Being an optimist I do have hope and faith. I know that my job might be harder in Opposition to deliver on the pledges we have made, but I also know that it is more important than ever to make sure not only do we hold this government to account and expose it's continuous failures which effect places like Bradford West, but also that we make sure we win 2020.
KFC and McDonald's have announced they will be banning under 18s from some of their branches unless they're accompanied by an adult... I've seen more fights between drunk adults at 2am then I have between teens.
Many of the employment rights we now take for granted - things like health and safety protections and legal entitlement to breaks - were secured through hard-fought battles by trade unions and their members. It's up to young workers to act together to resist new forms of exploitation.
The Prime Minister has demanded the Leave side explain their plan for life outside the EU, hoping perhaps we will descend into civil war over multiple options. Well, forgive me if I have a go at an answer...
To think Ukip will disappear after the referendum is to fundamentally misunderstand the appeal of Ukip. What unites the party and attracts millions of voters is not only a hatred of the EU, but a fierce, relentless, and at times blinkered, patriotism.
The EU referendum is a massive decision which we all have to make and it affects jobs, investment, our rights and safety. Some people want to make the referendum about immigration but the evidence suggests a leave vote would give us no increased control over our own borders. In fact, leaving the EU could actually cause migration to rise.
In the Highlands and in my constituency, there are many mysteries, such as the location of the Loch Ness monster. However, the biggest mystery has to be why Inverness, one of the fastest growing cities in Europe and towns like Nairn are apparently not considered to be on the Mainland - at least according to some couriers. They are not buying boxes to Brigadoon, they are asking for things to be sent to a modern city.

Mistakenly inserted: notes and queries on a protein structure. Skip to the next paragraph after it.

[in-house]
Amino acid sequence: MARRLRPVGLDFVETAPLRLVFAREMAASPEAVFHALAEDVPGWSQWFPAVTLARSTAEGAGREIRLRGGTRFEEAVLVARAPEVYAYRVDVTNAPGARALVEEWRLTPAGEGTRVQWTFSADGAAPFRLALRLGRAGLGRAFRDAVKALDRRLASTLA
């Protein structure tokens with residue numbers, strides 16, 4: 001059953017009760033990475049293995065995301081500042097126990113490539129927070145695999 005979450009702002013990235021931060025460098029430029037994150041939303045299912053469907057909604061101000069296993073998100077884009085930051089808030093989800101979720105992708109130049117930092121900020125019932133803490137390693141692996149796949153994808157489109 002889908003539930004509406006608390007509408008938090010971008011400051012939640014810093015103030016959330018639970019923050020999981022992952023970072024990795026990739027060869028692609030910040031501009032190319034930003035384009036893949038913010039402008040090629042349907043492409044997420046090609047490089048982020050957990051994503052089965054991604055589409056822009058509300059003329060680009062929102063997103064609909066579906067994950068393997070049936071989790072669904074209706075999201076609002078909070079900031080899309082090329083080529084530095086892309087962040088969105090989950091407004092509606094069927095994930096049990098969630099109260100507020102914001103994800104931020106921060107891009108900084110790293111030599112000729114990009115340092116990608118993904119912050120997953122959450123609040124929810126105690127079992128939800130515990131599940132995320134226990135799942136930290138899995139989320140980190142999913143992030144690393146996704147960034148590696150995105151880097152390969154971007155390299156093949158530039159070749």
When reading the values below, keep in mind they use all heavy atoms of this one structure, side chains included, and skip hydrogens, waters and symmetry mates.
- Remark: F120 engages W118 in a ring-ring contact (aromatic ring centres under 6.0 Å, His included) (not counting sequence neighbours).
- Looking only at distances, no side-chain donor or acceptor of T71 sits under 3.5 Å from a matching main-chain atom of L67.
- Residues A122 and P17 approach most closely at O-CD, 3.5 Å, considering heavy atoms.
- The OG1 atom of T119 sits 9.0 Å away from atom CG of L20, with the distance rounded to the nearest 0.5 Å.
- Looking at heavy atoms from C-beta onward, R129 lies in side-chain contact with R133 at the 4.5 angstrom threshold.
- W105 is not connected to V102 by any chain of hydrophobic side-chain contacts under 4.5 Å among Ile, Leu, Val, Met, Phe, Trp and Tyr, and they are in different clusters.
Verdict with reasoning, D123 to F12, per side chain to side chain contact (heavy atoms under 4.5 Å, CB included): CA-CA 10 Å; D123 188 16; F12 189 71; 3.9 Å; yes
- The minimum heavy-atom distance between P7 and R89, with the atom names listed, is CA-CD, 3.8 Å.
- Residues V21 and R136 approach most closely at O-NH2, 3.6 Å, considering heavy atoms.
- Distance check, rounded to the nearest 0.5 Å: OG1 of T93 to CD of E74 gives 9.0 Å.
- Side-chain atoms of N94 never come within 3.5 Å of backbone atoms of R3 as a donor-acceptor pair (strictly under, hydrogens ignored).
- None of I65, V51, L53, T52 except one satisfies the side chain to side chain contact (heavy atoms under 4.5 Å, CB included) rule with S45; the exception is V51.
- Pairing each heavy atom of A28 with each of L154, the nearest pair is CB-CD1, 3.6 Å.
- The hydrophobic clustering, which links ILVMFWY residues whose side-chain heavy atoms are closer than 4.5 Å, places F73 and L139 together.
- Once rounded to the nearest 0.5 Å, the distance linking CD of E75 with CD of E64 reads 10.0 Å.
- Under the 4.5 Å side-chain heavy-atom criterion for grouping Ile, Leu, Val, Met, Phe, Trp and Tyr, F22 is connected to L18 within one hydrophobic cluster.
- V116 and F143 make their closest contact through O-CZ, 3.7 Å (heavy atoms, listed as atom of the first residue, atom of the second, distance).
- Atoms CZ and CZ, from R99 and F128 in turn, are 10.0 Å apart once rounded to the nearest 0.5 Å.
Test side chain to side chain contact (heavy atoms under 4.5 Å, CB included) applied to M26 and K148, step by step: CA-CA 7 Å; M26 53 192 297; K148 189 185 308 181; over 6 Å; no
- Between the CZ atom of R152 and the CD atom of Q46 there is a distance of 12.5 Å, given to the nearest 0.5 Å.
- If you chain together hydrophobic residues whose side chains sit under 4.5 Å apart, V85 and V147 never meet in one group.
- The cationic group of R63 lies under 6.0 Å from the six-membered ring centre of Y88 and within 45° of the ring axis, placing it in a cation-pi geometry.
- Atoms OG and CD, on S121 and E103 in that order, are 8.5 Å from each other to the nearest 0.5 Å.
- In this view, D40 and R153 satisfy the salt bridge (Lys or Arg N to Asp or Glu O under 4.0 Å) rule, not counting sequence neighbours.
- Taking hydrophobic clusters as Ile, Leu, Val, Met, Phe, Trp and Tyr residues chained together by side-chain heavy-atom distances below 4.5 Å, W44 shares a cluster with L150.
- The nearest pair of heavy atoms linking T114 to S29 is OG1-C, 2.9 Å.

However you approach the debate on Sunday trading, the government's arguments fall flat. It is unclear how many retailers actually want to make use of extended hours, shopworkers don't want it, and consumers aren't exactly knocking marching down Whitehall to fight for more ways to part with their cash.
Do we really want great institutions like the London School of Economics and Imperial College to be effectively closed to our own young people because they can't afford to live in London? I hope the universities themselves will agree that would be a terrible prospect - which is why I hope in time they'll also come to value and respect the concept of the Student Living Rent.
The government's plans would see prohibitions limiting large stores from opening on Sundays for more than six hours lifted in certain circumstances. The decision would be devolved to local leaders across England and Wales (Scotland and Ireland already have powers over Sunday trading devolved to their regional parliaments).
Charles Dickens may have been referring to London and Paris when he wrote 'The Tale of Two Cities' in 1859, but today he may have considered The Tale ...
Britain has its own proud tradition of fighting tyranny, of protecting liberty and democracy both at home and abroad. For us, Europe has always been about trade. For the continent, it is about so much more. This does not mean either side is wrong. But the European Project is not right for us.
None of the promised changes put forward by the Prime Minister in either his much-vaunted Bloomberg speech, or in the 2015 and 2010 General Election manifestos, are going to be fulfilled. The letter confirms what we had all expected. The renegotiation reminds me of the closing scenes of Macbeth: "full of sound and fury signifying nothing."
The Chancellor should have stuck to his guns, and done the fair thing for the British people - regulate and tax the banks properly. As it is, the Bank of England & Financial Services Bill signals a major retreat by the Chancellor from what was until now his own policy. Thus, whilst he stands firmly behind his failed austerity (National Debt up 60% in his six years in charge), he is going soft on banks.
It must have sounded so simple in the meeting. £130 million. Big number. It'll look great on a headline, and show our commitment to paying tax in the UK. Let's get it out there. Give the BBC an exclusive and run it in the broadsheets as well.
When I visited the Rutherfords I promised them that if Labour won the election, cancelling the bedroom tax would be the first thing I did. When I saw the exit polls at 10pm on 7 May I thought of Warren and his grandparents. I felt we had let them down and I feared what another five years of Tory government would mean for them and the other 500,000 households paying the bedroom tax. On Tuesday, Paul and Sue got a rare piece of good news. They took the government to The Court of Appeal - and won, with the Judge concluding that the bedroom tax is unlawful because it discriminates against disabled children and in a separate case against the victims of domestic violence.